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Unformatted text preview: Algorithms Lecture 9: Scapegoat and Splay Trees Everything was balanced before the computers went off line. Try and adjust something, and you unbalance something else. Try and adjust that, you unbalance two more and before you know what’s happened, the ship is out of control. — Blake, Blake’s 7 , “Breakdown” (March 6, 1978) A good scapegoat is nearly as welcome as a solution to the problem. — Anonymous Let’s play. — El Mariachi [Antonio Banderas], Desperado (1992) CAPTAIN: TAKE OFF EVERY ’ZIG’!! CAPTAIN: YOU KNOW WHAT YOU DOING. CAPTAIN: MOVE ’ZIG’. CAPTAIN: FOR GREAT JUSTICE. — Zero Wing (1992) 9 Scapegoat and Splay Trees 9.1 Definitions I’ll assume that everyone is already familiar with the standard terminology for binary search trees—node, search key, edge, root, internal node, leaf, right child, left child, parent, descendant, sibling, ancestor, subtree, preorder, postorder, inorder, etc.—as well as the standard algorithms for searching for a node, inserting a node, or deleting a node. Otherwise, consult your favorite data structures textbook. For this lecture, we will consider only full binary trees—where every internal node has exactly two children—where only the internal nodes actually store search keys. In practice, we can represent the leaves with null pointers. Recall that the depth of a node is its distance from the root, and its height is the distance to the farthest leaf in its subtree. The height (or depth) of the tree is just the height of the root. The size of a node is the number of nodes in its subtree. The size n of the whole tree is just the total number of nodes. A tree with height h has at most 2 h leaves, so the minimum height of an n-leaf binary tree is d lg n e . In the worst case, the time required for a search, insertion, or deletion to the height of the tree, so in general we would like keep the height as close to lg n as possible. The best we can possibly do is to have a perfectly balanced tree, in which each subtree has as close to half the leaves as possible, and both subtrees are perfectly balanced. The height of a perfectly balanced tree is d lg n e , so the worst-case search time is O ( log n ) . However, even if we started with a perfectly balanced tree, a malicious sequence of insertions and / or deletions could make the tree arbitrarily unbalanced, driving the search time up to Θ( n ) . To avoid this problem, we need to periodically modify the tree to maintain ‘balance’. There are several methods for doing this, and depending on the method we use, the search tree is given a different name. Examples include AVL trees, red-black trees, height-balanced trees, weight-balanced trees, bounded-balance trees, path-balanced trees, B-trees, treaps, randomized binary search trees, skip lists, 1 and jumplists. Some of these trees support searches, insertions, and deletions, in O ( log n ) worst-case time, others in O ( log n ) amortized time, still others in O ( log n ) expected time.time....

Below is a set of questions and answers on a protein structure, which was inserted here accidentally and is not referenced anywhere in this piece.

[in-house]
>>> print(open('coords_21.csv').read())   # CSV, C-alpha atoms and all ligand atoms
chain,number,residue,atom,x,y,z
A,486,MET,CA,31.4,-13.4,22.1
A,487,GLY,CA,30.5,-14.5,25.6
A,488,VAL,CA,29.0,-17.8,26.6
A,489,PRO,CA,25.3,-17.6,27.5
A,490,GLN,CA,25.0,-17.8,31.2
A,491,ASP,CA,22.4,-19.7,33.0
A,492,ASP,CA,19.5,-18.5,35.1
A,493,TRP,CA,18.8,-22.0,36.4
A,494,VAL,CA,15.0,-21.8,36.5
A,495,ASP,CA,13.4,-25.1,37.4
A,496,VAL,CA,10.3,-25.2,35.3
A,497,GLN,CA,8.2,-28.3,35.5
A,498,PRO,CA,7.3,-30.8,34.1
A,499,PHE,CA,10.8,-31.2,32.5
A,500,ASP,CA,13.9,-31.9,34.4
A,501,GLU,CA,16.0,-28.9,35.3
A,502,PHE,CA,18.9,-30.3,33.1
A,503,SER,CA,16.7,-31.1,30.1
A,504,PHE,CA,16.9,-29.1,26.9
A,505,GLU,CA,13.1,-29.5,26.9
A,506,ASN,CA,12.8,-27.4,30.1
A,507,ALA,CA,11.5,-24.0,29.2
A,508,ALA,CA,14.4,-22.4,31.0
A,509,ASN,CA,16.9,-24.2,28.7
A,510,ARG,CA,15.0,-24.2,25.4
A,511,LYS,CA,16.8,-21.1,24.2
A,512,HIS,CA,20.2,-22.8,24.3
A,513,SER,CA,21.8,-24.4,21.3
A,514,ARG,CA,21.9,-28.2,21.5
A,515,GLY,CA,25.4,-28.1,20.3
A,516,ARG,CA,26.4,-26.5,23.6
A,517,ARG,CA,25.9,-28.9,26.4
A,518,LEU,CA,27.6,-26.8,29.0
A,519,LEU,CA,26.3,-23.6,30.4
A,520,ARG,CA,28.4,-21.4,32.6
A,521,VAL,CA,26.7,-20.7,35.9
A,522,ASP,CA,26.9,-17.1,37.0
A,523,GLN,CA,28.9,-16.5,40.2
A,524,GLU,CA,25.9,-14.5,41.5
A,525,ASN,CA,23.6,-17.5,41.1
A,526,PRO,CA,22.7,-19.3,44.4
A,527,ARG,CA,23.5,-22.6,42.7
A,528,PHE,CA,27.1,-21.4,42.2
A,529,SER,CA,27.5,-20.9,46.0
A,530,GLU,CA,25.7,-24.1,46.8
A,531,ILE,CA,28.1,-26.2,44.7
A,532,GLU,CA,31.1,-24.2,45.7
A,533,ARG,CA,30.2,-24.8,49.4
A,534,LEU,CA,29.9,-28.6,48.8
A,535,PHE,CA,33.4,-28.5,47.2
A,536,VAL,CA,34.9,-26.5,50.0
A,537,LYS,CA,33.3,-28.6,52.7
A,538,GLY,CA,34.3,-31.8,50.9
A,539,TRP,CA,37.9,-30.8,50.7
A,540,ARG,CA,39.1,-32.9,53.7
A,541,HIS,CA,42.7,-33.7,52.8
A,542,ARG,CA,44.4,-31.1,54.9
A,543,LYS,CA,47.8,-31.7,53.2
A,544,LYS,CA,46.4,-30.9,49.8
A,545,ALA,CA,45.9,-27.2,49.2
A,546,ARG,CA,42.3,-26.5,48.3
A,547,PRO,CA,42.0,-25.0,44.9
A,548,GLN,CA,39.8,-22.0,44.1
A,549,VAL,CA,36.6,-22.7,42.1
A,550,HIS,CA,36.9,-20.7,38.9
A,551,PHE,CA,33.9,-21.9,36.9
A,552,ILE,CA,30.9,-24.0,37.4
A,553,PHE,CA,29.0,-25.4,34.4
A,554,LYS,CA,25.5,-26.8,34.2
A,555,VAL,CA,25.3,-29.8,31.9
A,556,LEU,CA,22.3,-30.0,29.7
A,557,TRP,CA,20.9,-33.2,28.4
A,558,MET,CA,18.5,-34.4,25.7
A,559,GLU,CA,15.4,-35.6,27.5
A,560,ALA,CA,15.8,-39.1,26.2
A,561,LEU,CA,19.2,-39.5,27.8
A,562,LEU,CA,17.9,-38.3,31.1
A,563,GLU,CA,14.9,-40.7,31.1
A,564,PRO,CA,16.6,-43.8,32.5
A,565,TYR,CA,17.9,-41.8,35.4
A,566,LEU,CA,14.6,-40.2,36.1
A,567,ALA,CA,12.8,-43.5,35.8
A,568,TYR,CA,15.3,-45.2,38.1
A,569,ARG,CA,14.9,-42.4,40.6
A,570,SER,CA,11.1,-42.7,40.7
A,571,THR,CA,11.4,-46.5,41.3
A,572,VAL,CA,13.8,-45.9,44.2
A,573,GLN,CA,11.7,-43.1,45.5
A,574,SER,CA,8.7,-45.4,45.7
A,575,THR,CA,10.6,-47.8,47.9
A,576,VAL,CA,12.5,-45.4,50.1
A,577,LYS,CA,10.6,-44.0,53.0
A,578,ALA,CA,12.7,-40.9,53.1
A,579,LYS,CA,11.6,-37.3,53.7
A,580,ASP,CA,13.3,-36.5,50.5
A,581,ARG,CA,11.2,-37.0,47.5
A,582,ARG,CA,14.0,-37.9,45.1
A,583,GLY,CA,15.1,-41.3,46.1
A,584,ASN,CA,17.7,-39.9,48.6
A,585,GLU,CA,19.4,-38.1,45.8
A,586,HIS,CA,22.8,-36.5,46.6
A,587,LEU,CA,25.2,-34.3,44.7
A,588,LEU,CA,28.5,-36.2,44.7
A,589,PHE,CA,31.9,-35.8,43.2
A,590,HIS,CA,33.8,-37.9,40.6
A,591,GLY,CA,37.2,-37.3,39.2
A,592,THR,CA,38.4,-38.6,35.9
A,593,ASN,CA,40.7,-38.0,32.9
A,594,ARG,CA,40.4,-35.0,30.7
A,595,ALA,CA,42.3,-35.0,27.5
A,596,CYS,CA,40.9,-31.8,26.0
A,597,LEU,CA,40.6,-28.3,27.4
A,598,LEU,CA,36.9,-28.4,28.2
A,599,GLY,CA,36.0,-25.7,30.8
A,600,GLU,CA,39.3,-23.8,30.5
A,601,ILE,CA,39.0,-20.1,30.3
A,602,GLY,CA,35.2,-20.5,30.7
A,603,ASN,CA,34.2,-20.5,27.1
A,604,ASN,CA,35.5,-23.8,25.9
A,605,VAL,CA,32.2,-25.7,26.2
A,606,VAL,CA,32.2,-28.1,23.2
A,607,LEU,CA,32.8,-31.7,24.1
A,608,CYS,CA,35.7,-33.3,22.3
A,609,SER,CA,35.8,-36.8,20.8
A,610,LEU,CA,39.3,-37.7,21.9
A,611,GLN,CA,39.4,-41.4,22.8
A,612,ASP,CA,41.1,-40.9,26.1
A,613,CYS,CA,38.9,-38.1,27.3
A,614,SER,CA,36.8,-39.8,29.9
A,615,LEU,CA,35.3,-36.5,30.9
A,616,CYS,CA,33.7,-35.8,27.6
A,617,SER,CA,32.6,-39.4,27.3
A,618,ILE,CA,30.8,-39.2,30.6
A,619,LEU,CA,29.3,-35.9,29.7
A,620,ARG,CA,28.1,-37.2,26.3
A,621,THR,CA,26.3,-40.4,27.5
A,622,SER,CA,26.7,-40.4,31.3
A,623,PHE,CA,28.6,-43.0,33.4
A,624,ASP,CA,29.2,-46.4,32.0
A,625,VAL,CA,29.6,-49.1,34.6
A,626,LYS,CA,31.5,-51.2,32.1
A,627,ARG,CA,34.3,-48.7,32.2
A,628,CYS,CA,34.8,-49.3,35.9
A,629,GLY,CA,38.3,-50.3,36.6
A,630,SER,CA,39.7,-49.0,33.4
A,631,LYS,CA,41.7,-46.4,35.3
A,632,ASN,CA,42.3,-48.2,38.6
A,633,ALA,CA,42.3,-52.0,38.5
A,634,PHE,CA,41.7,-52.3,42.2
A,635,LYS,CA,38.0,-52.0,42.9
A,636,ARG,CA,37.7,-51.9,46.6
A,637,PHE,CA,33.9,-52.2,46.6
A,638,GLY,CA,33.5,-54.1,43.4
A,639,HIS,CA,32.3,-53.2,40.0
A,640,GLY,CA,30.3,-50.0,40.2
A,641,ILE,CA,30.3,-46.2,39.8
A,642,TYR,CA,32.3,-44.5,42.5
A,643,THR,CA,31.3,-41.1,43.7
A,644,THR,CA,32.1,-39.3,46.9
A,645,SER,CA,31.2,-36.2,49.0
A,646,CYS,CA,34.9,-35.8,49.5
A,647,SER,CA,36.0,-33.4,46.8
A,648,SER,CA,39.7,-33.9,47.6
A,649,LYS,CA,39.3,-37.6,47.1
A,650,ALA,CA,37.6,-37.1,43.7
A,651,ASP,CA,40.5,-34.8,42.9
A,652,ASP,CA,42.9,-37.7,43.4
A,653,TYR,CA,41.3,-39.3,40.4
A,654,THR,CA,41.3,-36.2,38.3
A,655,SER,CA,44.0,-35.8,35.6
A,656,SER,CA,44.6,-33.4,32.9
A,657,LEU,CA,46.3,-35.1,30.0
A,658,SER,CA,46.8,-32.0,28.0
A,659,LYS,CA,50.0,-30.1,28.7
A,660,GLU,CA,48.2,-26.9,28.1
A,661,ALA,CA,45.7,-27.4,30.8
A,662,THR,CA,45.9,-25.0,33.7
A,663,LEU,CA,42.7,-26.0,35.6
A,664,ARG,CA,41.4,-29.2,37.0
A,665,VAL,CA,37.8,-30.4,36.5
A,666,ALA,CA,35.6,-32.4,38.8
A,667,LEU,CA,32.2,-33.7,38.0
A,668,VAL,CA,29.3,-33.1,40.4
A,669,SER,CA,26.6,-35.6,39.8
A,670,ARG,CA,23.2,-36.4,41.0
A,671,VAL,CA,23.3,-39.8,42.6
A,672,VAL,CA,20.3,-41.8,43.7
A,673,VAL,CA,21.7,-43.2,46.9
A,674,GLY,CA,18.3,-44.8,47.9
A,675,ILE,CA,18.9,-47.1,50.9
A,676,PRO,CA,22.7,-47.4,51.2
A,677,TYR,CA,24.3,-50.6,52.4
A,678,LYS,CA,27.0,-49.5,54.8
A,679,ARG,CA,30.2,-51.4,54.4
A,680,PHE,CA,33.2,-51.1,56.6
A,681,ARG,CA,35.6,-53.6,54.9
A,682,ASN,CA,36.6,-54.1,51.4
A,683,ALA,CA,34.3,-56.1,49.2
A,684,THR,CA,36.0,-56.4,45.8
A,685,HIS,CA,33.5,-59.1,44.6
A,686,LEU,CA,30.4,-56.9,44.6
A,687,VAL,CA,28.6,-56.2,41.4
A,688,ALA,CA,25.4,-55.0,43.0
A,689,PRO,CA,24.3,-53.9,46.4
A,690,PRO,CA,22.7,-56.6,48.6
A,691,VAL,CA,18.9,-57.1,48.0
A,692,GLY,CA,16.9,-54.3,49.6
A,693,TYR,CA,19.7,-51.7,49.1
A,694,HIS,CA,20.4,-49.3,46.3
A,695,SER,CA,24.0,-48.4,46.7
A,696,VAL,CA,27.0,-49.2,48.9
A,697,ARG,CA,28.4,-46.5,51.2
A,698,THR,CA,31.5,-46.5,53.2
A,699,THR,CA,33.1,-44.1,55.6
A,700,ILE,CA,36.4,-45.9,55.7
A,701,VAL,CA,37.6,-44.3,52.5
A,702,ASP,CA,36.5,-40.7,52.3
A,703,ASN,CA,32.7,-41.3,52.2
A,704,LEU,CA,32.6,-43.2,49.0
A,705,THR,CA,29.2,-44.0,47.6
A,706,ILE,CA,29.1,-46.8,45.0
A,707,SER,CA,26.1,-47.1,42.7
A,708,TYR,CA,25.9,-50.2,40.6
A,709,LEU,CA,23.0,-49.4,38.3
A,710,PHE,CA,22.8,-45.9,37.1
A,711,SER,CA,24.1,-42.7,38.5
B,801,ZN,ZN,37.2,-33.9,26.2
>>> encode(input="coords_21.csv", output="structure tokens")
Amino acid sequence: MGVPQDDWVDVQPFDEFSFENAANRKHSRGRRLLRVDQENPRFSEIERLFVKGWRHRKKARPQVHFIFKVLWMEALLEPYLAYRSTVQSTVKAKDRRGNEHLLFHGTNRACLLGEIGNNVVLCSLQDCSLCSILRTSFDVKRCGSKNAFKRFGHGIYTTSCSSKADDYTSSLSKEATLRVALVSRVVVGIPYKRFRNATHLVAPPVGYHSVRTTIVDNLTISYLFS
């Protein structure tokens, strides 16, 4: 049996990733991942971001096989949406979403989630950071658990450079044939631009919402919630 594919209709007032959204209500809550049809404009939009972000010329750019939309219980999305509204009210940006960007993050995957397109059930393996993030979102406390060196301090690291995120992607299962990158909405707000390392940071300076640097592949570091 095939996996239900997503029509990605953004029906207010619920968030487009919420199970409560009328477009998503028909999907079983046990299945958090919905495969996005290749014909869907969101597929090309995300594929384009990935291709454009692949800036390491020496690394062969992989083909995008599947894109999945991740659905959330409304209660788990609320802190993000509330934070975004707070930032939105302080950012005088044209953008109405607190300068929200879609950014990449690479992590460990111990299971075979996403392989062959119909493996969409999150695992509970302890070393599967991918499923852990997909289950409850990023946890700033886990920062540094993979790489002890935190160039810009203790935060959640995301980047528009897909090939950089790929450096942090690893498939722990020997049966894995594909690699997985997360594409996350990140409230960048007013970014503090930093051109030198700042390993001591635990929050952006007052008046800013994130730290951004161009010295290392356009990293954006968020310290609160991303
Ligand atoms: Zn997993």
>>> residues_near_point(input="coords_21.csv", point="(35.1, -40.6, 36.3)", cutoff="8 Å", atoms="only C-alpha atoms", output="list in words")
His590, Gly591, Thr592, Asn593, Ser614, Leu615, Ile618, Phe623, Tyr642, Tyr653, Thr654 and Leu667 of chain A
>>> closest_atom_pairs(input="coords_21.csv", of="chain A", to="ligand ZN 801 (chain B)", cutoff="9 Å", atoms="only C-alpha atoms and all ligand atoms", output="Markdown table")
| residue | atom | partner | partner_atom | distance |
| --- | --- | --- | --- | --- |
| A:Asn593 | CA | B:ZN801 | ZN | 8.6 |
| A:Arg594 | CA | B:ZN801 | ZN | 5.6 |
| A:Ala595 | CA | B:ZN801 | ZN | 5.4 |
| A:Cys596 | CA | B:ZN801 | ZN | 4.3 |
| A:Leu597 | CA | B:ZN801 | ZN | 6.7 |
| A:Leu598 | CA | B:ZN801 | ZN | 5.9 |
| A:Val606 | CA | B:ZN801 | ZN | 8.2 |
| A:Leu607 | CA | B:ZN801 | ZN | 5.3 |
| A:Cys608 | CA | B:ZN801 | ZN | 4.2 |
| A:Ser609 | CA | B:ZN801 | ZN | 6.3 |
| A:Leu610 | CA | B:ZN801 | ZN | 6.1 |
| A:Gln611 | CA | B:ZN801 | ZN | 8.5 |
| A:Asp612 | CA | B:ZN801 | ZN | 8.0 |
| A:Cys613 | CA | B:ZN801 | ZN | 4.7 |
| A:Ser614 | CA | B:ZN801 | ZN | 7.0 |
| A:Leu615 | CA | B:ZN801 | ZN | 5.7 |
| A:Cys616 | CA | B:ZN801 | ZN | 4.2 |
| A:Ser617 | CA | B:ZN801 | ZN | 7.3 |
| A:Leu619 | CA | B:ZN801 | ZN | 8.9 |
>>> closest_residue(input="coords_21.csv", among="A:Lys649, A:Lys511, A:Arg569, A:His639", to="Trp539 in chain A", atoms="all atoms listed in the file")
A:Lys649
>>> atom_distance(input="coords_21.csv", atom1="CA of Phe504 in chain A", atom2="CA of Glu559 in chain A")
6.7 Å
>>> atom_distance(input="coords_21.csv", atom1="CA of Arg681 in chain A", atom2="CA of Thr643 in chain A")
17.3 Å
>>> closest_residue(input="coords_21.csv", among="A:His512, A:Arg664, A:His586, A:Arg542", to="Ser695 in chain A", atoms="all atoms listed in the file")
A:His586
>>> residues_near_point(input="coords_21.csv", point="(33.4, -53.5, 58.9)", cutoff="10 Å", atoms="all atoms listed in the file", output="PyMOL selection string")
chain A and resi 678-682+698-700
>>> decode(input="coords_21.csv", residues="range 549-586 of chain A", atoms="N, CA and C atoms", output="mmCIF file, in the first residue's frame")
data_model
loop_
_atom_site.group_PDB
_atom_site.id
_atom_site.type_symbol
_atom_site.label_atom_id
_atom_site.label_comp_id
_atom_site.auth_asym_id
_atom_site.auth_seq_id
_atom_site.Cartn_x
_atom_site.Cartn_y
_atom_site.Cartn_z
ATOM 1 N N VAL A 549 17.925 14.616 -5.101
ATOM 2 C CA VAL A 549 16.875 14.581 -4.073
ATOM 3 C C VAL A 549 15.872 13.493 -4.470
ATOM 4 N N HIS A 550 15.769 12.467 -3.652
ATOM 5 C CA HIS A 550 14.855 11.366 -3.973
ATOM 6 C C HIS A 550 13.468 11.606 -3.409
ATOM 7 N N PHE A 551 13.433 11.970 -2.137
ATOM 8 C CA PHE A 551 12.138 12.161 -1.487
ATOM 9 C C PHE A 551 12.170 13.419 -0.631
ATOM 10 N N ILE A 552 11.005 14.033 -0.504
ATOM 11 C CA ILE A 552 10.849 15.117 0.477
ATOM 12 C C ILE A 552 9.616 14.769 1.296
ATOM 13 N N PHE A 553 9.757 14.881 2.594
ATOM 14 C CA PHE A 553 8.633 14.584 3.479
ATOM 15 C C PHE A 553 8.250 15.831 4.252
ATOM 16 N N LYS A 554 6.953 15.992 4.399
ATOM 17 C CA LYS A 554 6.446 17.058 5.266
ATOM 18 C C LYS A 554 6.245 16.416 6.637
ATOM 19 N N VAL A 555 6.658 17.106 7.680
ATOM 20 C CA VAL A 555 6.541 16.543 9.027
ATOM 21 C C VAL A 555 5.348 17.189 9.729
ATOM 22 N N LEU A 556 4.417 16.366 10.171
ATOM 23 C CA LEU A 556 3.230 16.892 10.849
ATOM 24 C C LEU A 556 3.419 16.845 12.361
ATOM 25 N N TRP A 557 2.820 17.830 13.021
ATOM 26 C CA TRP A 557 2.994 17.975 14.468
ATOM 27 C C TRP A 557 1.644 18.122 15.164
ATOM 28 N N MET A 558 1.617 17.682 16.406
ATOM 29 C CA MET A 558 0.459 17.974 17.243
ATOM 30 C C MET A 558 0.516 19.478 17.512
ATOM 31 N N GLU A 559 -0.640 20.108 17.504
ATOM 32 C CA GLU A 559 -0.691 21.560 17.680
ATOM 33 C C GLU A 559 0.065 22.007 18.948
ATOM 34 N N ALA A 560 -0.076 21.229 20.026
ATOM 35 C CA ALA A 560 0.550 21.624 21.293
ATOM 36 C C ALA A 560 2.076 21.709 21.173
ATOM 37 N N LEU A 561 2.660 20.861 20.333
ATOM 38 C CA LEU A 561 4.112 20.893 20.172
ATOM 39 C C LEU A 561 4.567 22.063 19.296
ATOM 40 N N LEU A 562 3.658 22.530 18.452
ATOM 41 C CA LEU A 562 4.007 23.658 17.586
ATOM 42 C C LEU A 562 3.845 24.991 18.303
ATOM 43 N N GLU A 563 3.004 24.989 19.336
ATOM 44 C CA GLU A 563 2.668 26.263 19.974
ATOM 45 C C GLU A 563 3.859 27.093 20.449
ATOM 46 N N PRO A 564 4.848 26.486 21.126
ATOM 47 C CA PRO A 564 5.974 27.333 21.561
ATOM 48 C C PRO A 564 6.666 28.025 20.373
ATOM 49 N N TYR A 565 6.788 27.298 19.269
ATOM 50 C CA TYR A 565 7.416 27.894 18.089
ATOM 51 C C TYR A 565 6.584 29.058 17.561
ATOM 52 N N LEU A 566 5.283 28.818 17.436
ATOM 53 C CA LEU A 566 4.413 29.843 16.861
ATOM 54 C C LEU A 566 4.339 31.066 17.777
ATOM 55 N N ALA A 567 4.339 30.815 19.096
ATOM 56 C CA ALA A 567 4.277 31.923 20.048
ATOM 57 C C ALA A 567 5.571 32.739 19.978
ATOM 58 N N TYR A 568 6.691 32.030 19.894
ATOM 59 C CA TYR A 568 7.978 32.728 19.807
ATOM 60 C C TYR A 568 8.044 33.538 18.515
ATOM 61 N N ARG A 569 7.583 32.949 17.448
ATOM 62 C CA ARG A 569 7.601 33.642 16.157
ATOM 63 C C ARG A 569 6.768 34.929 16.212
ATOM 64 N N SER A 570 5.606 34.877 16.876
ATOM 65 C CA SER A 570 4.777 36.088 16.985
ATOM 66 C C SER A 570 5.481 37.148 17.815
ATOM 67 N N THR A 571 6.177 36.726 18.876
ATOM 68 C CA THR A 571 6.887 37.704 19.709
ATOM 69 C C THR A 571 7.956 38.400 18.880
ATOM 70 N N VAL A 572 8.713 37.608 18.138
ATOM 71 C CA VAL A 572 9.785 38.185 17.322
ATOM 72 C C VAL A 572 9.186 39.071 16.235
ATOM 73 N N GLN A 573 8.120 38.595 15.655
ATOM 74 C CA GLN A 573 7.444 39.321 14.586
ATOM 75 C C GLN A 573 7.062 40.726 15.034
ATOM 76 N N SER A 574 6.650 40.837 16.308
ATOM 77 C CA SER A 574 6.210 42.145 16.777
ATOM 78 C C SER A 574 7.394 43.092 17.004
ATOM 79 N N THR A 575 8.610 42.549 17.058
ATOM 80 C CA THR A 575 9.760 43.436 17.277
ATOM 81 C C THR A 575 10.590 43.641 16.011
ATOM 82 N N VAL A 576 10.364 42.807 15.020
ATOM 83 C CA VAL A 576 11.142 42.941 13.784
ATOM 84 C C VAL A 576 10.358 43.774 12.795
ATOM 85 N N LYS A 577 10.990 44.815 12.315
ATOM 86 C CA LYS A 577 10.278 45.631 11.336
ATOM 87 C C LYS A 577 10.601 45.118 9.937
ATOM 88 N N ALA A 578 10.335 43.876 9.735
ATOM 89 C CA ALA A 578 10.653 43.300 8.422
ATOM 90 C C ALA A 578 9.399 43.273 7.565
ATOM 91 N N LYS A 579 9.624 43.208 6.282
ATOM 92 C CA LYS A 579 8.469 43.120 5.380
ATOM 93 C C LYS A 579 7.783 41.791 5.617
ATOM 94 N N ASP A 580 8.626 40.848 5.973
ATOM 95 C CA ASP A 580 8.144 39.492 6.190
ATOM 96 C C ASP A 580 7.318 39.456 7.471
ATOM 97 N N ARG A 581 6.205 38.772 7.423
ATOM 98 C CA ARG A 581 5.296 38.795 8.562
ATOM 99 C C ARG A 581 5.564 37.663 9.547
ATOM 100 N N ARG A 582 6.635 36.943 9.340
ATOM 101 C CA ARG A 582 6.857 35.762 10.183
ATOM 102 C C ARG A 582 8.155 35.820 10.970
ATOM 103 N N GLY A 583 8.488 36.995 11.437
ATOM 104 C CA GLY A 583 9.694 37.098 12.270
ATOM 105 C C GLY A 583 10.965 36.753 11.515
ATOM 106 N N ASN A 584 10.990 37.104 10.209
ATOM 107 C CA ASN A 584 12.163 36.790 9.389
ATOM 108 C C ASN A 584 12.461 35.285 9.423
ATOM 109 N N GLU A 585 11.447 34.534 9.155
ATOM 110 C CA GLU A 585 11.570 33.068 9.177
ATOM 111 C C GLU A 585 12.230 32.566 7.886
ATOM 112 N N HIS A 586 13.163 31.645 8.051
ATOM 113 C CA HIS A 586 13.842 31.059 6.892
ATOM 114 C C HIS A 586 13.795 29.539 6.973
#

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This note was uploaded on 12/15/2009 for the course 942 cs taught by Professor A during the Spring '09 term at University of Illinois at Urbana–Champaign.
- Spring '09